Electric Vehicles, 50 Years Later

Electric Vehicles, 50 Years Later

What direction is electromobility heading in fifty years after the pioneering Enfield 8000?

Last month marked the half-century anniversary of the Enfield 8000's production start. This urban electric vehicle, produced in Syros, was a true harbinger of the electric car era. However, its high cost meant that the consumer audience turned away from it, despite enthusiastic articles by the British automotive press. Nevertheless, the reviewers at that time did not hide their concern. "It might take fifty years before we see electric cars on the roads in sufficient numbers," one prophetically wrote.

About forty years later, in the summer of 2013, we found ourselves in London at the launch of the BMW i3, and at that moment, it felt like history was indeed being written. "We don't want to become Kodak," declared BMW representatives, showing an apt response to the upcoming major changes by launching the electric "i" lineup.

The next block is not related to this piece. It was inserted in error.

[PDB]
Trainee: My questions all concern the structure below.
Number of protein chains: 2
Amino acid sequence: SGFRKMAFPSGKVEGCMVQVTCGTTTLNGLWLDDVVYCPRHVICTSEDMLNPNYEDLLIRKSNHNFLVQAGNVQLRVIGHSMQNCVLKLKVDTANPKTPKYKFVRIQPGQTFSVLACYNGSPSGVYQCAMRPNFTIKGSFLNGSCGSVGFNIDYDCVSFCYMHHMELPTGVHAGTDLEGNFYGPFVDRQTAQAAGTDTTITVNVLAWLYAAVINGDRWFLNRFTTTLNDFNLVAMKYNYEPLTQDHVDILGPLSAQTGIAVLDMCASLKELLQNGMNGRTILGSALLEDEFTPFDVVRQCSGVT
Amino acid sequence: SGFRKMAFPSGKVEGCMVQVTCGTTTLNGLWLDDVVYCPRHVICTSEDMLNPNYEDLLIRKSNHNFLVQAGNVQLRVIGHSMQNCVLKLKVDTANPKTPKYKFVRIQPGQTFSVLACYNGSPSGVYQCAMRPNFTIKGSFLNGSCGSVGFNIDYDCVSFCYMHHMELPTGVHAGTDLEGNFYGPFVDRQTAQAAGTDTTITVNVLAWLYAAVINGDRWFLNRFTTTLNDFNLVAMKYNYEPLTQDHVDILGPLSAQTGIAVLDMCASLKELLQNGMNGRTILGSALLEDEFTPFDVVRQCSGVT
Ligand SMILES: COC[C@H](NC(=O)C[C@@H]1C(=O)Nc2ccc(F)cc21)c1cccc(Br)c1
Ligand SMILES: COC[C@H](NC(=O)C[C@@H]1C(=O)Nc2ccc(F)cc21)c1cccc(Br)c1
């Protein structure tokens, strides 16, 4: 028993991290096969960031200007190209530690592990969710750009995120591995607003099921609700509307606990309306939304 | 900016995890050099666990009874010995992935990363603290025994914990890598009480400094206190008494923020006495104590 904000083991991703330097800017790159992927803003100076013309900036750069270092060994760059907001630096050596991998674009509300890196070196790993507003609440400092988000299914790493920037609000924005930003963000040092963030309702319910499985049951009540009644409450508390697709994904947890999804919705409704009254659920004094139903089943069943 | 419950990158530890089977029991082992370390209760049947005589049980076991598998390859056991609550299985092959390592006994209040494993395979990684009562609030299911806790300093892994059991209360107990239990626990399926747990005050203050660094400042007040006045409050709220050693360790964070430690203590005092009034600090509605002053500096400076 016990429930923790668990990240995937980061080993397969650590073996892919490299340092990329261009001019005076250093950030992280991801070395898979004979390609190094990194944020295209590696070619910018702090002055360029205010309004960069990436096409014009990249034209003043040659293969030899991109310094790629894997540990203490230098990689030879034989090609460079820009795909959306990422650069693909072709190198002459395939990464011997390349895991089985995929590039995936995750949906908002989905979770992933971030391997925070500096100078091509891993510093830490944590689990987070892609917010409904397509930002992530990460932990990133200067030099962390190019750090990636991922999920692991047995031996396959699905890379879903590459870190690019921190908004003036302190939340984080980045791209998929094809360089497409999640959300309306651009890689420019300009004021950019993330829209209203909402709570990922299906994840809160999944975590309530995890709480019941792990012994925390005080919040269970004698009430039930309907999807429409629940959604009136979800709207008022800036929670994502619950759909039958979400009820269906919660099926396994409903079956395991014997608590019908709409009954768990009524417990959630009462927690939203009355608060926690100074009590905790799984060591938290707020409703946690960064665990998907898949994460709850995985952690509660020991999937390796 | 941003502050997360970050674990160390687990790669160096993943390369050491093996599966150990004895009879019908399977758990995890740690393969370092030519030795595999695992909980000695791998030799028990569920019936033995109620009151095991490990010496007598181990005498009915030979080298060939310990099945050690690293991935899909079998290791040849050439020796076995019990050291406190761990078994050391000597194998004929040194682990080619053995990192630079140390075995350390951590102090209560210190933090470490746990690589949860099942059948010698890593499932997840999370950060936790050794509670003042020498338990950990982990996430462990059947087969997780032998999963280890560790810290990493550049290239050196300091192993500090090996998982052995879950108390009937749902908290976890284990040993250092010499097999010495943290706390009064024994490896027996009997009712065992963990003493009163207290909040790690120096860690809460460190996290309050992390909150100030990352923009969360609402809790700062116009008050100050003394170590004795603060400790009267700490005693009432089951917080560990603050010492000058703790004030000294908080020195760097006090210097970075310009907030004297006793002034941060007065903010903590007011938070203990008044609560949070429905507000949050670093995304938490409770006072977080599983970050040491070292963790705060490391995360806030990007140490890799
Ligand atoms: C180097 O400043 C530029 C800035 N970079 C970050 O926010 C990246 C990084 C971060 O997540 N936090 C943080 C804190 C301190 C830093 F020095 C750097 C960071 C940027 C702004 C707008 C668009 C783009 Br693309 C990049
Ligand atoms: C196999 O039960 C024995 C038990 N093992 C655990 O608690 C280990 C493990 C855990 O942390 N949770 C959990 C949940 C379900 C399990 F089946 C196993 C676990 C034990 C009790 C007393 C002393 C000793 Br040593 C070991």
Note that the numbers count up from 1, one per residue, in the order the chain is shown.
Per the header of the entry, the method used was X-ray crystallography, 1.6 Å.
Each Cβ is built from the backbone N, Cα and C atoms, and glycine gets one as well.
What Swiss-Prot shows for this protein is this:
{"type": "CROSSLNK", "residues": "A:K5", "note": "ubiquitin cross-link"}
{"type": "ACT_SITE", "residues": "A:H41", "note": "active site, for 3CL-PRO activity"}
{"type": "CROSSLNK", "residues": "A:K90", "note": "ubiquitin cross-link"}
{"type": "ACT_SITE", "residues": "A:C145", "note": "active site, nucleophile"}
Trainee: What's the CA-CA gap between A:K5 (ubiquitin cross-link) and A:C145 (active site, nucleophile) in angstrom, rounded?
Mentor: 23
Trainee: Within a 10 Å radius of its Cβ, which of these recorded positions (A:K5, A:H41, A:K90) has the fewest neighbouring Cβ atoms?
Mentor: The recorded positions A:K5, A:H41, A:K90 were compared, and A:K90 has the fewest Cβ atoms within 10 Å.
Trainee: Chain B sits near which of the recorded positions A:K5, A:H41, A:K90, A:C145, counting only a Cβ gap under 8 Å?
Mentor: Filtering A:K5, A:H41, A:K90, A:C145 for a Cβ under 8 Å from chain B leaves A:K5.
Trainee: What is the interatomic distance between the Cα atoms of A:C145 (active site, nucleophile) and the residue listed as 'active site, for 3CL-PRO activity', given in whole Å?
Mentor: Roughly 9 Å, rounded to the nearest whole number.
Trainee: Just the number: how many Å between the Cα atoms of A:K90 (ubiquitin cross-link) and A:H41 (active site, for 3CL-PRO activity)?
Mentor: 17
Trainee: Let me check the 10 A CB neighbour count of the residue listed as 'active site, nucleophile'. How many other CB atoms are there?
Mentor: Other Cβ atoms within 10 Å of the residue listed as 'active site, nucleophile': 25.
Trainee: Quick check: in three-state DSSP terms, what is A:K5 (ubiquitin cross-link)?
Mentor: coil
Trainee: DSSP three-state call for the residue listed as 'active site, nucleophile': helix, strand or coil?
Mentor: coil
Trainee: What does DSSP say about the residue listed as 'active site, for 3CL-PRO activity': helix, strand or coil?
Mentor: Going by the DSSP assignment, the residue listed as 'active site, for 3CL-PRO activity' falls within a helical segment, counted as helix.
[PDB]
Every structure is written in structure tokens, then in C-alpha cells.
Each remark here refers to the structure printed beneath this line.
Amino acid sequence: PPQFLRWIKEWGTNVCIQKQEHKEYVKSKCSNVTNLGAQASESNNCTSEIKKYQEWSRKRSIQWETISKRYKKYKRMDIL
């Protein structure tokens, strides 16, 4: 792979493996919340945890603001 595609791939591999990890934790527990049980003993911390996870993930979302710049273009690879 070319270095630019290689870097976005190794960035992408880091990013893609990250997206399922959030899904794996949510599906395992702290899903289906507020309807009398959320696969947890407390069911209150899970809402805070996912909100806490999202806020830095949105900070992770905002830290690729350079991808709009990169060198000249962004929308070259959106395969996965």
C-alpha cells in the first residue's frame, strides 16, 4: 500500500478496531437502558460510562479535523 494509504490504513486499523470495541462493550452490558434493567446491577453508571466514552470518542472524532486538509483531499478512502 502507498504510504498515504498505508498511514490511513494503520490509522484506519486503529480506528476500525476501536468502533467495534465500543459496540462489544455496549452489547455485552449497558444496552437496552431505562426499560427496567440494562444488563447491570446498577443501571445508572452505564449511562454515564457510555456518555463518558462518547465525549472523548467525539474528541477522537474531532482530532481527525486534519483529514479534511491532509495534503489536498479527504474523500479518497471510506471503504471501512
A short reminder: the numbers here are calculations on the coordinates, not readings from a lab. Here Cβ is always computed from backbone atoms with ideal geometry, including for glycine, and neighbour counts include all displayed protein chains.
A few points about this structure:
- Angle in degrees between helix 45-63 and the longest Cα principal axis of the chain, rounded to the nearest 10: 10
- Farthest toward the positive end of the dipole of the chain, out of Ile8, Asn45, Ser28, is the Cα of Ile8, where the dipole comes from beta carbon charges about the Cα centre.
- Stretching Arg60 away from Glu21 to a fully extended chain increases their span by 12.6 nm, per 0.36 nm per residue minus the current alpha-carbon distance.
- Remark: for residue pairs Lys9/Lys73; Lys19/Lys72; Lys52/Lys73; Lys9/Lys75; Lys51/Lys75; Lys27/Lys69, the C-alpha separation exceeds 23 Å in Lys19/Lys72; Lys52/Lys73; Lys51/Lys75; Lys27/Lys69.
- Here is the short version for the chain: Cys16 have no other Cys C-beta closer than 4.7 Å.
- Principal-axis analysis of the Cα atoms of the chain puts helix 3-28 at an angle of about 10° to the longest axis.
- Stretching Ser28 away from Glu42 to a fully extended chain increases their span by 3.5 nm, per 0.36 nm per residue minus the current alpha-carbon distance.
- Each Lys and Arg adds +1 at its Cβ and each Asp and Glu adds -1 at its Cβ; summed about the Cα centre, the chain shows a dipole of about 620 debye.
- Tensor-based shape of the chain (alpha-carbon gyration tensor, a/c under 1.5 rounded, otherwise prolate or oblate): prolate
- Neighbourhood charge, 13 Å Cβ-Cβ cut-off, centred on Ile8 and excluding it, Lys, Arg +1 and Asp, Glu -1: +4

However, the events did not unfold as we felt at that moment. The anticipated electric BMW sedan, which was to be called "i5" and presented right after the i3, was delayed for a whole decade… Moreover, the company, which did not want to "become Kodak," has still not made any time commitments to transition to electric vehicles. On the contrary, it has promised to continue producing our favorite internal combustion engines as long as there is demand!

The Inaccessibility of Electric Vehicles

Fifty years after the appearance of the Enfield 8000, the cost of electric vehicles remains the main deterrent for people to switch to them en masse. Of course, no one can deny the immense technological progress achieved by electric vehicles over the last decade. But much remains to be done, especially in the area of charging infrastructure.

Where will we find ourselves at the end of this decade? Unlike our British colleague, we will not risk making predictions. We just hope that electric vehicles will no longer be a privilege for the selected few. But, unfortunately, even regular cars, considering their current expensiveness, are now meant for the few.

Perhaps, instead of a new "Moving on Electricity" campaign, we need a new scrappage program to remove vehicles from the roads that pollute much more than modern internal combustion engines? But who would dare to propose subsidizing such a "throwaway" program?